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Shadow IT: a CIO’s survival guide

March 2014

Philips’ Jeroen Tas on the steps CIOs can take to meet the challenge of business users purchasing their own IT.


For a video with English subtitles, please click on CC above or the appropriate subtitle icon during play.


IT organizations need to accept the inevitability of ‘shadow IT,’ and learn to deal with it. But that doesn’t mean giving a free rein to business users who are set on buying their own IT solutions.


As Philips’ Jeroen Tas highlights in our exclusive video, business-led purchases of IT come with some inherent risks that might not be obvious to those outside IT, and it’s up to the IT team to articulate those.

“If you give business users complete choice you expose the company to investments that will never give you a return, to security threats, to data that cannot be integrated, and to the fact that you don’t have a full picture of what you’re doing,” says Tas, who has led IT at Philips for the past three years and is now taking on new challenges as the company’s first CEO of Healthcare Informatics Solutions and Services.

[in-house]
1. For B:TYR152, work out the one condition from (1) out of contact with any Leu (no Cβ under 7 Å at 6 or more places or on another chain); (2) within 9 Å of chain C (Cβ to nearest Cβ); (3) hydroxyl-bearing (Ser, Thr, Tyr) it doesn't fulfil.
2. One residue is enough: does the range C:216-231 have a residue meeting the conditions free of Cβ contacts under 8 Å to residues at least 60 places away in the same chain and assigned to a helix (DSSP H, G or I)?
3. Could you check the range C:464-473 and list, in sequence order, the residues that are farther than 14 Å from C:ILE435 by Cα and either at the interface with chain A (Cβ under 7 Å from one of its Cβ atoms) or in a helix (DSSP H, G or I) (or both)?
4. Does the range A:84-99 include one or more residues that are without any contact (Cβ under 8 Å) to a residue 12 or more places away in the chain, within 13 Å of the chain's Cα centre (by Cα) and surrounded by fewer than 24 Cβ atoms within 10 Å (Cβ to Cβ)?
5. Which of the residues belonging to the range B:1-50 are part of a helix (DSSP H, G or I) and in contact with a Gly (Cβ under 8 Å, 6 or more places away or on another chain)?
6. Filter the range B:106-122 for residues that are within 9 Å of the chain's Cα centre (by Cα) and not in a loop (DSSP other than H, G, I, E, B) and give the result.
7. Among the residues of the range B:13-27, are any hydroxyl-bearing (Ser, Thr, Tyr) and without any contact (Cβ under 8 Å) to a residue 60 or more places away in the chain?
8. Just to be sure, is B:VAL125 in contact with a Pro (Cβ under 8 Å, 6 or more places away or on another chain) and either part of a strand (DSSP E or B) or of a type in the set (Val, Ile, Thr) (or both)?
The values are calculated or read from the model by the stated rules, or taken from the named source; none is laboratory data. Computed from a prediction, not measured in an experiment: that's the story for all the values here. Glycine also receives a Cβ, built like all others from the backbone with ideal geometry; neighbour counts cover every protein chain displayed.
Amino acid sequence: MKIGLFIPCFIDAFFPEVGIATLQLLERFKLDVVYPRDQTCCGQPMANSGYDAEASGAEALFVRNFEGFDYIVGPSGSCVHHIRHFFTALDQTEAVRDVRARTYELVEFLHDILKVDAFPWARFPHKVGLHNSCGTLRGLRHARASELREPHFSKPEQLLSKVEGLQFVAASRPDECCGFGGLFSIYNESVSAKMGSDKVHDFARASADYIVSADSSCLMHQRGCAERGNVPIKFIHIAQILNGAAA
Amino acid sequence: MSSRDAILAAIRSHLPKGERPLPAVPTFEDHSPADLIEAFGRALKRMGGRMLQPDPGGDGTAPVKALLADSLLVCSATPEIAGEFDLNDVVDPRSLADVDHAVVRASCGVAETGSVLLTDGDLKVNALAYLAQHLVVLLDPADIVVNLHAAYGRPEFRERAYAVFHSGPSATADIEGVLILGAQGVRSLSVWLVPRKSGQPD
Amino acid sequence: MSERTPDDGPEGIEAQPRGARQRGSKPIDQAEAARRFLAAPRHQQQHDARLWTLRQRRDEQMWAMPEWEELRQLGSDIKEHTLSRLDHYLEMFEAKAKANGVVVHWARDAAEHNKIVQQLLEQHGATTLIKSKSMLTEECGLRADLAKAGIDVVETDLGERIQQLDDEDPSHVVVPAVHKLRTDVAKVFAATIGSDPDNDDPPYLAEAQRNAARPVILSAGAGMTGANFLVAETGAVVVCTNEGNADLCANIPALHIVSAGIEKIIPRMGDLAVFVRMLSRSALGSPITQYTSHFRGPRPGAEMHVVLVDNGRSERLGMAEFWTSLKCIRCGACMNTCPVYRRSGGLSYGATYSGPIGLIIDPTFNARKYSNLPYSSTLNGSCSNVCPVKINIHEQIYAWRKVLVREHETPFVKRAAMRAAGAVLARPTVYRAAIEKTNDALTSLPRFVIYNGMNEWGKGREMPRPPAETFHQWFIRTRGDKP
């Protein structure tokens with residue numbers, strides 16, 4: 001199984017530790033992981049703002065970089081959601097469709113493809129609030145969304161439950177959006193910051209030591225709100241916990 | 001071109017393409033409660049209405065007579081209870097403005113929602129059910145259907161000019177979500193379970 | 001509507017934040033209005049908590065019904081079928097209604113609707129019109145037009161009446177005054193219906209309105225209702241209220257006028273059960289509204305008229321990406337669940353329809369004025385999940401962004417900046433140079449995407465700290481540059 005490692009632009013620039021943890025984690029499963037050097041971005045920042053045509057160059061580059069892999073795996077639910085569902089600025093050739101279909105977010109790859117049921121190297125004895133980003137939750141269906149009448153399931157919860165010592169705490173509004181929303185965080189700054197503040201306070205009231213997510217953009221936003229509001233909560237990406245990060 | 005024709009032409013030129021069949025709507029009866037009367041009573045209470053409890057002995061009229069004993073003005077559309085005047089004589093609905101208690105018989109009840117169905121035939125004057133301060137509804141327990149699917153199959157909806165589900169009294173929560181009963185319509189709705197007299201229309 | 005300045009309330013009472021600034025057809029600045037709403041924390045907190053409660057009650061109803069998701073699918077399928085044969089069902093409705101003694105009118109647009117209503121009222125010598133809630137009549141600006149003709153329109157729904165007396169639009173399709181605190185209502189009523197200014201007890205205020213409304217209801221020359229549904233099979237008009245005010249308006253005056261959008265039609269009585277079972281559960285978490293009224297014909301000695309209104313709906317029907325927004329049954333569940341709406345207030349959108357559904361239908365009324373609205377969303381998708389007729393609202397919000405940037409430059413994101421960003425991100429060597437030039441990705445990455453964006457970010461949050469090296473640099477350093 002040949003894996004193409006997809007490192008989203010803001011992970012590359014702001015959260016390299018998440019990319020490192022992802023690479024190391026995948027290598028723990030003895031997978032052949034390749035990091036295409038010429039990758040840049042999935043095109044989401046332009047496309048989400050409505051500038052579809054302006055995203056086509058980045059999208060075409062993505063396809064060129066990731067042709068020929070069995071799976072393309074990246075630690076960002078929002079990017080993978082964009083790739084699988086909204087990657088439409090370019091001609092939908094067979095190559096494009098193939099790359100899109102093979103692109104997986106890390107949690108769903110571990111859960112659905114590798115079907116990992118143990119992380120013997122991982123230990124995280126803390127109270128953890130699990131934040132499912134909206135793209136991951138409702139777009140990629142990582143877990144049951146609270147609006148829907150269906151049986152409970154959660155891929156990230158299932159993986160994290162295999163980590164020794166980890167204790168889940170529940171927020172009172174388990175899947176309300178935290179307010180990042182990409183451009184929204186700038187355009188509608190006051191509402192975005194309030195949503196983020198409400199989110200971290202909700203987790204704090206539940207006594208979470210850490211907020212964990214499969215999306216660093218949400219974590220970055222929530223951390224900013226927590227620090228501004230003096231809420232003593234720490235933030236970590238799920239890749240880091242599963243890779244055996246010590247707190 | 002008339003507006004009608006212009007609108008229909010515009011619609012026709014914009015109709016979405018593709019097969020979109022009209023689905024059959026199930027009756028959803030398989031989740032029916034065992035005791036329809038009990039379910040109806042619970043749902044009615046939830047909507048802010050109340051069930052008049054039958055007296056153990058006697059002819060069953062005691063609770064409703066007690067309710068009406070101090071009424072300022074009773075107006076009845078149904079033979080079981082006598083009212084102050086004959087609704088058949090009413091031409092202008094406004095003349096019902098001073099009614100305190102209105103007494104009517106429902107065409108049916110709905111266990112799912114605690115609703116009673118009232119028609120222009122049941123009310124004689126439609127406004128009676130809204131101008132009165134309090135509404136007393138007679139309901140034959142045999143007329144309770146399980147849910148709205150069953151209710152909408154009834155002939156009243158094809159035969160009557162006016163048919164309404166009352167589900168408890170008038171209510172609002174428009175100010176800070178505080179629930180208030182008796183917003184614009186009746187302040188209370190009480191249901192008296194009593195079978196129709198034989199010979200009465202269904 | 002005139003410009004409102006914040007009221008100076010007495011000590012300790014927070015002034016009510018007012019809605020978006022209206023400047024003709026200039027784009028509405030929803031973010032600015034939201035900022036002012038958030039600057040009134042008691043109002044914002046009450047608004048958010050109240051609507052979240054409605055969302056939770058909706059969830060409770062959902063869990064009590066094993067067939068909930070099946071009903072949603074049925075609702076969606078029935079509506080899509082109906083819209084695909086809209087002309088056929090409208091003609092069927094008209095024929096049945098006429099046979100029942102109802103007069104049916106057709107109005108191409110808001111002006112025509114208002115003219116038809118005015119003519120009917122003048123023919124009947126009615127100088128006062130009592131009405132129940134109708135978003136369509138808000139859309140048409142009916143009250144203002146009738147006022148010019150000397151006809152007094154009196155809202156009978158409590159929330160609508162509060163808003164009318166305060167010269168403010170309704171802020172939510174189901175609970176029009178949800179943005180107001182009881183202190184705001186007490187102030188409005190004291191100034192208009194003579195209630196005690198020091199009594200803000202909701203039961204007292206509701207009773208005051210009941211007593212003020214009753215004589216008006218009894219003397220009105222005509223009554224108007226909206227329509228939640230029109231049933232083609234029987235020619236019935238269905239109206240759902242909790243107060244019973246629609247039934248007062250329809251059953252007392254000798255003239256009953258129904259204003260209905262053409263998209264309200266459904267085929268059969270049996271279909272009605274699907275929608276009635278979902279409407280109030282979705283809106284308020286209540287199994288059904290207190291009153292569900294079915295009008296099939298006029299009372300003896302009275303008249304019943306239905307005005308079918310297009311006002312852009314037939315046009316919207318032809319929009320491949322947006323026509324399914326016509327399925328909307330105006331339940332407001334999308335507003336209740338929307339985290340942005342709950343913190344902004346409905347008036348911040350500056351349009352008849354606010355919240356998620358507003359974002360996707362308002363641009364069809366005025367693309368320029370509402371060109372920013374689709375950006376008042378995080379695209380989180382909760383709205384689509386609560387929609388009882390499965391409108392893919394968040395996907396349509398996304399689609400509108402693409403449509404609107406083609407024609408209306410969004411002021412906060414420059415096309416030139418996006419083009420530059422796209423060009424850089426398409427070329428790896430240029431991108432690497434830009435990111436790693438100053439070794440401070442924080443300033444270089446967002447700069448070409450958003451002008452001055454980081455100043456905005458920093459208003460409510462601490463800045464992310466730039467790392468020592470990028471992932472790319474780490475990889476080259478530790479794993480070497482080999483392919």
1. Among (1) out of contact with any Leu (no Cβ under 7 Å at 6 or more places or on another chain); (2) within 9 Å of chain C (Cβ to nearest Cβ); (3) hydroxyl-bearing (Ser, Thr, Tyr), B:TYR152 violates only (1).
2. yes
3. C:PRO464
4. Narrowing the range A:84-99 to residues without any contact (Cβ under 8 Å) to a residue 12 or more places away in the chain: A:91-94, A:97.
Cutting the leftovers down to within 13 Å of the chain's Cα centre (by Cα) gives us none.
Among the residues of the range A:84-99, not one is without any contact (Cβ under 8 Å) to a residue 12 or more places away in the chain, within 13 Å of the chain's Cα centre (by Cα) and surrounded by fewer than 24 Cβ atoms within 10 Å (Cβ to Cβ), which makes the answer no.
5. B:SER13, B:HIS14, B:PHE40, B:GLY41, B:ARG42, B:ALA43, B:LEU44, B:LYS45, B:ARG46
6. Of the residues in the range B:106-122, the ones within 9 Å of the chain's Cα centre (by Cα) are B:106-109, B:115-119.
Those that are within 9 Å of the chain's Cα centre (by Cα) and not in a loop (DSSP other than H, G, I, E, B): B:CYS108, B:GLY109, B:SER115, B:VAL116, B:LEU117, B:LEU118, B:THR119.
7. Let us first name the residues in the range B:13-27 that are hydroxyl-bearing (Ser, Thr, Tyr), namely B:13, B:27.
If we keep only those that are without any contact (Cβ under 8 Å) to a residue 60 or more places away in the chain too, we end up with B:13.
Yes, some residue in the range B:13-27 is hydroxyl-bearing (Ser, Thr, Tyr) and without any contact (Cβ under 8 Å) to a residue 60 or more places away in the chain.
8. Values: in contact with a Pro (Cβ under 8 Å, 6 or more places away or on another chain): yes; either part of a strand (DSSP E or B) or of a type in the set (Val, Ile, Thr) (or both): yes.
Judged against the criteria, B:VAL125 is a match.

The solution, he says, comes down to education and collaborative decision-making. “You’ve got to work very explicitly with the rest of the organization to explain why we [need to] make these decisions and commitments together.”

That might involve encouraging business users to do a pilot project rather than go directly for full implementation or looking carefully to ensure the technology choice is not leading down a dead end.

But in that way, IT acts to constrain the organization — but for very good reasons, says Tas. “You need to constantly remind people that building great systems is not trivial. It’s not something you just click and it will work. You have to integrate with your ERP systems, you have to collect data that you can share yet have security that’s sufficient to make sure that nobody compromises your data.”

Alongside that, IT teams should be tracking the technology needs of business users much more closely, he says. “People expect that they get the modern tools to do their work. And as an IT organization you’ve got to be out front and aware of what’s going on, and work with the business when they really want [something],” he says.

“So there are a lot of constraints around these solutions, but the more you discuss those, the better people will understand and the better together you can create tremendous solutions that really help a company move forward,” he concludes.

First published
March 2014
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About: Jeroen Tas
Group CIO at Philips for the past three years, Jeroen Tas took on a new challenge in January as CEO of company’s new Healthcare Informatics business — fulfilling a belief that CIOs are well-suited for wider business roles.

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